be a surgeon, but I hate arrogance,” Prud’homme says. “You just have to believe that you can do it as good as anybody else can to be successful. That might sound arrogant, but I sure don’t mean it that way. You also need that confidence to be successful in ranching. “You also have to be something of a risk taker. It takes a lot of money to develop land and I am board certified in borrowing money,” he jokes. “You have to be creative, and you get to see if what you did qualifies as a success or not. I’ve made my share of mistakes over the last 50 years, but one thing I do know is you don’t go all in on one bull. Prud’homme adds, “There are sacrifices in ranching, like your standard of living, but it’s just a very satisfying business.”


condition that may resolve with time or treatment. A “deferred” bull should be rechecked at a later date recommended by the examining veterinarian. A BSE does not evaluate a bull’s libido, nor does it ensure that a bull will remain a satisfactory potential breeder the entire

breeding season. An injury to a bull’s hooves, legs or reproductive tract may render a bull incapable of breeding your cows. Therefore, it is still extremely important to observe your bulls regularly to ensure they are doing their job. A BSE also does not guarantee that bulls are free of

infectious diseases, so consult with your veterinarian on what diagnostic tests may or may not be appropriate for your bull(s). The extra pounds of beef per exposed cow will more than pay for the BSE, so contact your veterinarian for a bull BSE prior to the next breeding season.


Select (28%), and 1 graded standard (5%). The USDA YG averaged 1.9 (1 – 4). Higher USDA YG is often caused by heavier carcass weights, fatter carcasses, and smaller REA (or lower muscling relative to FAT). These results indicate the relative success this group of cattle performed relative to the national beef cattle average, particularly for the region in which these cattle were raised and developed. Carcass data is

the fuel that drives a successful carcass genetic evaluation, and also allows members to showcase their genetics are providing value to the industry in the form of real dollars. For more information regarding ASA carcass programs and to inquire about Graham Carcass Feedout participation, please contact Lane Giess at lgiess@simmgene.com or Luke Bowman at lbowman@simmgene.com.

(Continued from page 3)

cular) carcasses have higher (less desirable yield grades). The USDA grader assigns the QG and YG at the plant. Differences between marbling score and USDA QG and between carcass measurements and YG do exist for various reasons as is seen in a few of these cattle. Of the 18 head, 12 graded Choice (66%), 5 graded

Cattle on feed at Graham Feedyards.

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Next generation cattle innovation By Kindra Gordon The global pandemic is being blamed for several negative influences in the world, particularly related to economic and social issues. But, one positive outcome emerging is the accelerating adoption of technology disruptors to make enhancements to industries, businesses and everyday lives.

Dan Thomson, chair of the Iowa State University Animal Science Department, pointed out during a virtual webinar this past year that the world was “going to wait a generation or two before adopting some technology, but now technology is being used,” and as a result, Thomson says, “It’s made us younger

Simbrah-Available in Quantity Bulls, Bred Heifers and Yearling Heifers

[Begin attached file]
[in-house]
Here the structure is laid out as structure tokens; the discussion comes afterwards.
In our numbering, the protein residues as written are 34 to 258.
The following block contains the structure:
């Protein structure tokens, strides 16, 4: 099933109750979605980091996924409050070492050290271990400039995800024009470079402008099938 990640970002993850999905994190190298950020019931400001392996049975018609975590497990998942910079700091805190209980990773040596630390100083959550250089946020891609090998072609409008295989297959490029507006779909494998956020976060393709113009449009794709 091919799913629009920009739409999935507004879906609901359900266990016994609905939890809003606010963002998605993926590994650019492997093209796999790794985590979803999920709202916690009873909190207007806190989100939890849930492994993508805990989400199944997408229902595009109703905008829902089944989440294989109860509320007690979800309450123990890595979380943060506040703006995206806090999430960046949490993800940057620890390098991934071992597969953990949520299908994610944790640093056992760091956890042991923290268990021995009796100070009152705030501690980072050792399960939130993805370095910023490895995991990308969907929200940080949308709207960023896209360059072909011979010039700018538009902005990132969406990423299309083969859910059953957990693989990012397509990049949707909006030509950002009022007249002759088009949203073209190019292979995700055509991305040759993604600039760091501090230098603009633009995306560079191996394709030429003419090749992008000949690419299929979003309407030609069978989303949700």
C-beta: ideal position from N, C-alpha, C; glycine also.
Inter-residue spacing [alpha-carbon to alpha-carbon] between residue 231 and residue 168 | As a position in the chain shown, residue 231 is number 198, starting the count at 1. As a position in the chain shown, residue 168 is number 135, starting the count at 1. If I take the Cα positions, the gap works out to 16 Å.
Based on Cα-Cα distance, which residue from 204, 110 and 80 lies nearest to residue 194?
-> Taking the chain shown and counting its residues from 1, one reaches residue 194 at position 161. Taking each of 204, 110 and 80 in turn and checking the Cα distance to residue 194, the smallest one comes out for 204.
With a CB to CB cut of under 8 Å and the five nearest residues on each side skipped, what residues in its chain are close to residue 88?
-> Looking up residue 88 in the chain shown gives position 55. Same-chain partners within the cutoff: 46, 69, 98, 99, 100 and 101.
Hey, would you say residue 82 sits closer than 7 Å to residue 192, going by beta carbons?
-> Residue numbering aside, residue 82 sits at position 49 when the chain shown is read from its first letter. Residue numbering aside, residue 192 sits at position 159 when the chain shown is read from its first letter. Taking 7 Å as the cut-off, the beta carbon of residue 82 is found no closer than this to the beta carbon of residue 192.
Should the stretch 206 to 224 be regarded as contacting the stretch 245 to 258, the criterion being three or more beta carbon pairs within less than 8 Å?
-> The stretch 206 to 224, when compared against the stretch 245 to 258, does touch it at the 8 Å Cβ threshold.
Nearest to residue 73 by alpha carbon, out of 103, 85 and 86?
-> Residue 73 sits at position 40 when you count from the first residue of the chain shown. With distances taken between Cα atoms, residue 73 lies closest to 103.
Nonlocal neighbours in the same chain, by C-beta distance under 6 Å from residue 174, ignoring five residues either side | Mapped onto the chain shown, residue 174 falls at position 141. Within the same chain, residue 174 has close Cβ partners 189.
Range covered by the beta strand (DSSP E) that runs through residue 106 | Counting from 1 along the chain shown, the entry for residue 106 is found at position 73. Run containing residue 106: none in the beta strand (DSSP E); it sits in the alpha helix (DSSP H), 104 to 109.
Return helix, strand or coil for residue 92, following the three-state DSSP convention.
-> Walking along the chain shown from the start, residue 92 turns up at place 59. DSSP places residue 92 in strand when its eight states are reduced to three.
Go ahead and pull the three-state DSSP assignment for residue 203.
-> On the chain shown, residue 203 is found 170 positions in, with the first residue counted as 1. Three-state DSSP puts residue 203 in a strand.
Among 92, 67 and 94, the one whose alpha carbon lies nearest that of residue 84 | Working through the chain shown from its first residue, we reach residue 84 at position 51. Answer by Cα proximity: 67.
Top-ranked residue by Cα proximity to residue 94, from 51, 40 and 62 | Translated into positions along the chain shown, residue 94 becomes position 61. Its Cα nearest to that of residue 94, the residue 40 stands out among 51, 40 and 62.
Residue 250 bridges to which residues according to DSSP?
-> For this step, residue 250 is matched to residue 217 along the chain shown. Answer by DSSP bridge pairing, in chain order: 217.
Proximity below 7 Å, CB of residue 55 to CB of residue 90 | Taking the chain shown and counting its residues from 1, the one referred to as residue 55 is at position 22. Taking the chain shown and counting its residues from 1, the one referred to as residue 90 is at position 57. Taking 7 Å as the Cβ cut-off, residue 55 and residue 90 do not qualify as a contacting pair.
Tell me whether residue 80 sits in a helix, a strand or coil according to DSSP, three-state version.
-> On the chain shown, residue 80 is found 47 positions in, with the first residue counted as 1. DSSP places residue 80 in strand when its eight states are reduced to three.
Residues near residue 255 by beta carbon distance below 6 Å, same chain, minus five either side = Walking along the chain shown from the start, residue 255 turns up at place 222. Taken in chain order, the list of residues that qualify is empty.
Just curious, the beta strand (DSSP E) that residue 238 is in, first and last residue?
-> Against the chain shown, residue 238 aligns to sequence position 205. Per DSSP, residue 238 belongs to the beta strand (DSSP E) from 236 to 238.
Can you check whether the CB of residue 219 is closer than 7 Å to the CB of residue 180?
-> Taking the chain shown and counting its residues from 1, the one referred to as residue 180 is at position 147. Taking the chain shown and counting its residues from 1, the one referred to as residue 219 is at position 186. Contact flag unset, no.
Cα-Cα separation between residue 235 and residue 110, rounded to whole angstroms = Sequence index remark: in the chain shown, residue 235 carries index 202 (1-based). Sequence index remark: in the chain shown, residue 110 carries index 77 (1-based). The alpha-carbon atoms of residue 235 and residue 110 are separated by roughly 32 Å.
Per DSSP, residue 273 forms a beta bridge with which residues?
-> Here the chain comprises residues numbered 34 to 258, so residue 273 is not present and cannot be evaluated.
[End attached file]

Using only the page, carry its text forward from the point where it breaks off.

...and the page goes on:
as a country and a world.” Likewise, international tech guru Aidan Connolly has said, “Waiting for it [the pandemic] to be over is a mistake.” Instead, his advice to business and industry is “start thinking about embracing change and doing things differently. It’s going to make us better in the end.” Connolly is CEO of Cainthus, an Ireland-based computer vision technology company that develops products for monitoring feeding events and cow behavior. Ultimately, technology is creating a “new frontier” and agriculture is a beneficiary. Connolly points to video conferencing like Zoom, as essential tools to communicate, educate and provide telemedicine services, particularly when the pandemic and other factors prevent in-person visits. Technology to host cattle sales – or buy food for takeout from a favorite restaurant – is also being credited with keeping the world’s economy afloat during the past year. And most economists agree that these technology changes and differ-

Sticker shock... (Continued from page 6)

Call us and we will be happy to visit with you about our program and the individuals we have for sale.

Jud & Margie Flowers 12111 North Bryan Road • Mission, Texas 78541 956/207-2087 • judf@lonestarcitrus.com FOLLOW US ON FACEBOOK

Don’t abandon preconditioning and backgrounding programs. Currently, price spreads between unweaned bawling calves and weaned value added calves has narrowed dramatically. Average prices for the week of 10/17/2110/23/21 for medium and large 1-2 525-575 lb. steers were $154.11 – $146.35, whereas 675 to 825 value added steers ranged from $153.13 – $151.58. With this value of gain, preconditioning and backgrounding budgets still look favorable even in the face of higher feed costs. Remember, calves need to gain to make these programs work. Feeding at 2% body weight of a 14-16% protein concentrate feed is still the best practice for the 60-90 day preconditioning programs. Finally, try and stay positive. There is lots of negativity out there, so try and filter the negative and concentrate on the good. Its times like these that challenge us to do a little better and rethink some of our habits and practices. Market dynamics are good so let’s negotiate our way through these high input times so we can be there to reap the benefits of better prices and times.